Informality and profitability : evidence from a new firm survey in Ecuador
AbstractThis paper estimates the impact of informality on firm profits using a new firm-level survey designed specifically for this study. The survey was administered to about 1,200 firms with 50 employees or less in Ecuador's two largest cities, Quito and Guayaquil, plus two main centers of economic activity near the northern and southern borders. The paper's results confirm that the extent of firms'compliance with a set of regulatory requirements is linked to the perceived costs and benefits of informality, such as the probability of detection by the authorities and the likelihood of being fined. Nonetheless, taking into account the non-random placement of firms along the formality-informality spectrum and controlling for a large set of firm, owner, and location characteristics, the paper finds that more formal firms tend to be more profitable and have higher output per worker. This impact operates, inter alia, through more formal firms'ability to obtain improved access to credit and achieve higher sales by issuing receipts to clients.
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Bibliographic InfoPaper provided by The World Bank in its series Policy Research Working Paper Series with number 6431.
Date of creation: 01 May 2013
Date of revision:
Access to Finance; Microfinance; E-Business; Banks&Banking Reform; Debt Markets;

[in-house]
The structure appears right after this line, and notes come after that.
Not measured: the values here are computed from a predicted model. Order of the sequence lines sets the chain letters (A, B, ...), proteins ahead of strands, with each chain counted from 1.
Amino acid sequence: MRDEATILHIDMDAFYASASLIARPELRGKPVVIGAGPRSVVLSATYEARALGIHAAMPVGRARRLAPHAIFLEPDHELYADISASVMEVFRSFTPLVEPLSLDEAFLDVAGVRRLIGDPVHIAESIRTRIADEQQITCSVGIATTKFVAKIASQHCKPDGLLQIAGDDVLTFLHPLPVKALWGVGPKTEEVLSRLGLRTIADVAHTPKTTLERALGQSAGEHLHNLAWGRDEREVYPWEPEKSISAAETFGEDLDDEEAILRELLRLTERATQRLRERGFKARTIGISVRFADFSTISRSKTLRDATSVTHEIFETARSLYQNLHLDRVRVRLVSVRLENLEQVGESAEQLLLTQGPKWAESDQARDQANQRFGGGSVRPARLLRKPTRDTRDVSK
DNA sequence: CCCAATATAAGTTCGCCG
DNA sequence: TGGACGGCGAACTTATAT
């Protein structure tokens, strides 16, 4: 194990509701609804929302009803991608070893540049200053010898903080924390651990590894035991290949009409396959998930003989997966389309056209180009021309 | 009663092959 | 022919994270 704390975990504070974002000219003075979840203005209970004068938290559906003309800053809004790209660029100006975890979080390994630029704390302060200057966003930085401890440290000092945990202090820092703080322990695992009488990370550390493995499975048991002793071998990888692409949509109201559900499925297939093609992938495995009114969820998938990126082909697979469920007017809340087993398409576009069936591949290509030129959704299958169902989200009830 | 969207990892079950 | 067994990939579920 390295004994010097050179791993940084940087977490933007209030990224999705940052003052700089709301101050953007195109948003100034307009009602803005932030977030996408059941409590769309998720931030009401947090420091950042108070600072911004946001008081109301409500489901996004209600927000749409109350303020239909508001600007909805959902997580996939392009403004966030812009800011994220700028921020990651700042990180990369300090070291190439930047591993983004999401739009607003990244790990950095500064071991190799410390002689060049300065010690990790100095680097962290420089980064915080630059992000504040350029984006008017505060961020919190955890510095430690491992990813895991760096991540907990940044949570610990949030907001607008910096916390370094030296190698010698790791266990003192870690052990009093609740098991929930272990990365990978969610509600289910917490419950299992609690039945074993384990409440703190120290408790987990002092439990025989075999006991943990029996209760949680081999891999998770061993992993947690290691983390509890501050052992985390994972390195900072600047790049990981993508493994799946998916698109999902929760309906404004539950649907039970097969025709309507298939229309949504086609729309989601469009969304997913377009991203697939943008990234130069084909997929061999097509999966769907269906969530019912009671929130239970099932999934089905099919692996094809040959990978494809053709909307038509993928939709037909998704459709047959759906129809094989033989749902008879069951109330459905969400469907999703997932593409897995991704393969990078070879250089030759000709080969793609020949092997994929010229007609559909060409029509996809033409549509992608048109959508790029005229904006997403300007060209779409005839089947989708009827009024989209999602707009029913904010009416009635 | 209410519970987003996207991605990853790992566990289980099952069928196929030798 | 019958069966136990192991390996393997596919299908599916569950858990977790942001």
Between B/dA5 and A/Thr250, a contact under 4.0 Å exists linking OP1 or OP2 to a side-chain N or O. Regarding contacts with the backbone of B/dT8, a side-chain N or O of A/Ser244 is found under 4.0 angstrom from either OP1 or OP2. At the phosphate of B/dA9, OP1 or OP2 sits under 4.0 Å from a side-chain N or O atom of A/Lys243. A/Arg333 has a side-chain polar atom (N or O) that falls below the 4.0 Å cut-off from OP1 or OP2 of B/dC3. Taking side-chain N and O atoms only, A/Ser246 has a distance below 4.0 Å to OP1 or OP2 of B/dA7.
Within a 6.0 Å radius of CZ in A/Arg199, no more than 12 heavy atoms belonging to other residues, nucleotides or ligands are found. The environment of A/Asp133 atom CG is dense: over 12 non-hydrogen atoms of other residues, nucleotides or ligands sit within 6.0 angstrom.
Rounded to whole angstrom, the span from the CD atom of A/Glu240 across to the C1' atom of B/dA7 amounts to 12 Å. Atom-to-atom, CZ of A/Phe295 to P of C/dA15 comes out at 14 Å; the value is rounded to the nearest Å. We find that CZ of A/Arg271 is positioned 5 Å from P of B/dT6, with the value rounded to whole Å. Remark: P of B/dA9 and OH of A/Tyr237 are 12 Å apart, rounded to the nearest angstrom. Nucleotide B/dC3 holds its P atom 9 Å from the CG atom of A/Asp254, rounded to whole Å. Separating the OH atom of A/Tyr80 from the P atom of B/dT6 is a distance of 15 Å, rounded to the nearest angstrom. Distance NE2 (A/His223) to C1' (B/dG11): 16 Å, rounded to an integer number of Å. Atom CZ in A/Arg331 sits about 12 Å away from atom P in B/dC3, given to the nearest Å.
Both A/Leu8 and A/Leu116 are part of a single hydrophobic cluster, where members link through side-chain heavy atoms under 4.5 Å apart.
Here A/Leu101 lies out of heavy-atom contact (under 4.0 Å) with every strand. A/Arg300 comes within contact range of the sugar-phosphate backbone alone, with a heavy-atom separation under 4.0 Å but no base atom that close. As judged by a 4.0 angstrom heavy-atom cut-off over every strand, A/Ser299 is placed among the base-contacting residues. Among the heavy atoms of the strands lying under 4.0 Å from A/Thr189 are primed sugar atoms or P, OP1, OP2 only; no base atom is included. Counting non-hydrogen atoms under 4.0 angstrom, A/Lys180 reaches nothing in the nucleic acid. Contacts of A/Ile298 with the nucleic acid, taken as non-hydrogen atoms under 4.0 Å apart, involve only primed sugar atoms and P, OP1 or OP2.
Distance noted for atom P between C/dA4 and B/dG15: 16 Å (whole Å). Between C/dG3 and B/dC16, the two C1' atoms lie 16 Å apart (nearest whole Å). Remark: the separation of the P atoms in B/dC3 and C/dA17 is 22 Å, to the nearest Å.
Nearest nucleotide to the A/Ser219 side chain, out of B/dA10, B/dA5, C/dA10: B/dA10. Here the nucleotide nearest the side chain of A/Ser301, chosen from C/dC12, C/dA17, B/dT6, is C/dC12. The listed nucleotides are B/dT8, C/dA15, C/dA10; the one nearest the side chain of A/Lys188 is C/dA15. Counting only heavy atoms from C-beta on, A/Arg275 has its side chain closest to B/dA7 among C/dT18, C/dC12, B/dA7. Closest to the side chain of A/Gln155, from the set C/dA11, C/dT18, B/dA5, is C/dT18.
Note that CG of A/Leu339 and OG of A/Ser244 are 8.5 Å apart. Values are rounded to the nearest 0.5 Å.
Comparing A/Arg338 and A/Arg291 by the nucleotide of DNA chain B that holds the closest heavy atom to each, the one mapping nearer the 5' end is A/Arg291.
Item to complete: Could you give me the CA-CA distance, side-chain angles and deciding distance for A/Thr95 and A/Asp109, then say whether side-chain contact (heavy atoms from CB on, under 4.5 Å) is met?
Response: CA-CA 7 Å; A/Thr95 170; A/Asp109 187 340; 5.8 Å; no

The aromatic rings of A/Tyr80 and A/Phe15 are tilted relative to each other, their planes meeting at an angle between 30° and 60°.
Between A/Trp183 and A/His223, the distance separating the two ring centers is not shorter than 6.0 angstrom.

This paper has been announced in the following NEP Reports:
- NEP-ALL-2013-05-11 (All new papers)
- NEP-DEV-2013-05-11 (Development)
- NEP-IUE-2013-05-11 (Informal & Underground Economics)
- NEP-MFD-2013-05-11 (Microfinance)
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- World Bank, 2009. "Increasing Formality and Productivity of Bolivian Firms," World Bank Publications, The World Bank, number 2675.
- Paloma López-García & Sergio Puente, 2006. "Business demography in Spain: determinants of firm survival," Banco de Espaï¿½a Working Papers 0608, Banco de Espa�a.
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- de Mel, Suresh & McKenzie, David J. & Woodruff, Christopher, 2009. "Measuring microenterprise profits: Must we ask how the sausage is made?," Journal of Development Economics, Elsevier, vol. 88(1), pages 19-31, January.
- Stephane Straub, 2004.
"Informal Sector: The Credit Market Channel,"
ESE Discussion Papers
101, Edinburgh School of Economics, University of Edinburgh.
- Pablo Fajnzylber & William Maloney & Gabriel Montes-Rojas, 2009. "Releasing Constraints to Growth or Pushing on a String? Policies and Performance of Mexican Micro-Firms," Journal of Development Studies, Taylor & Francis Journals, vol. 45(7), pages 1027-1047.
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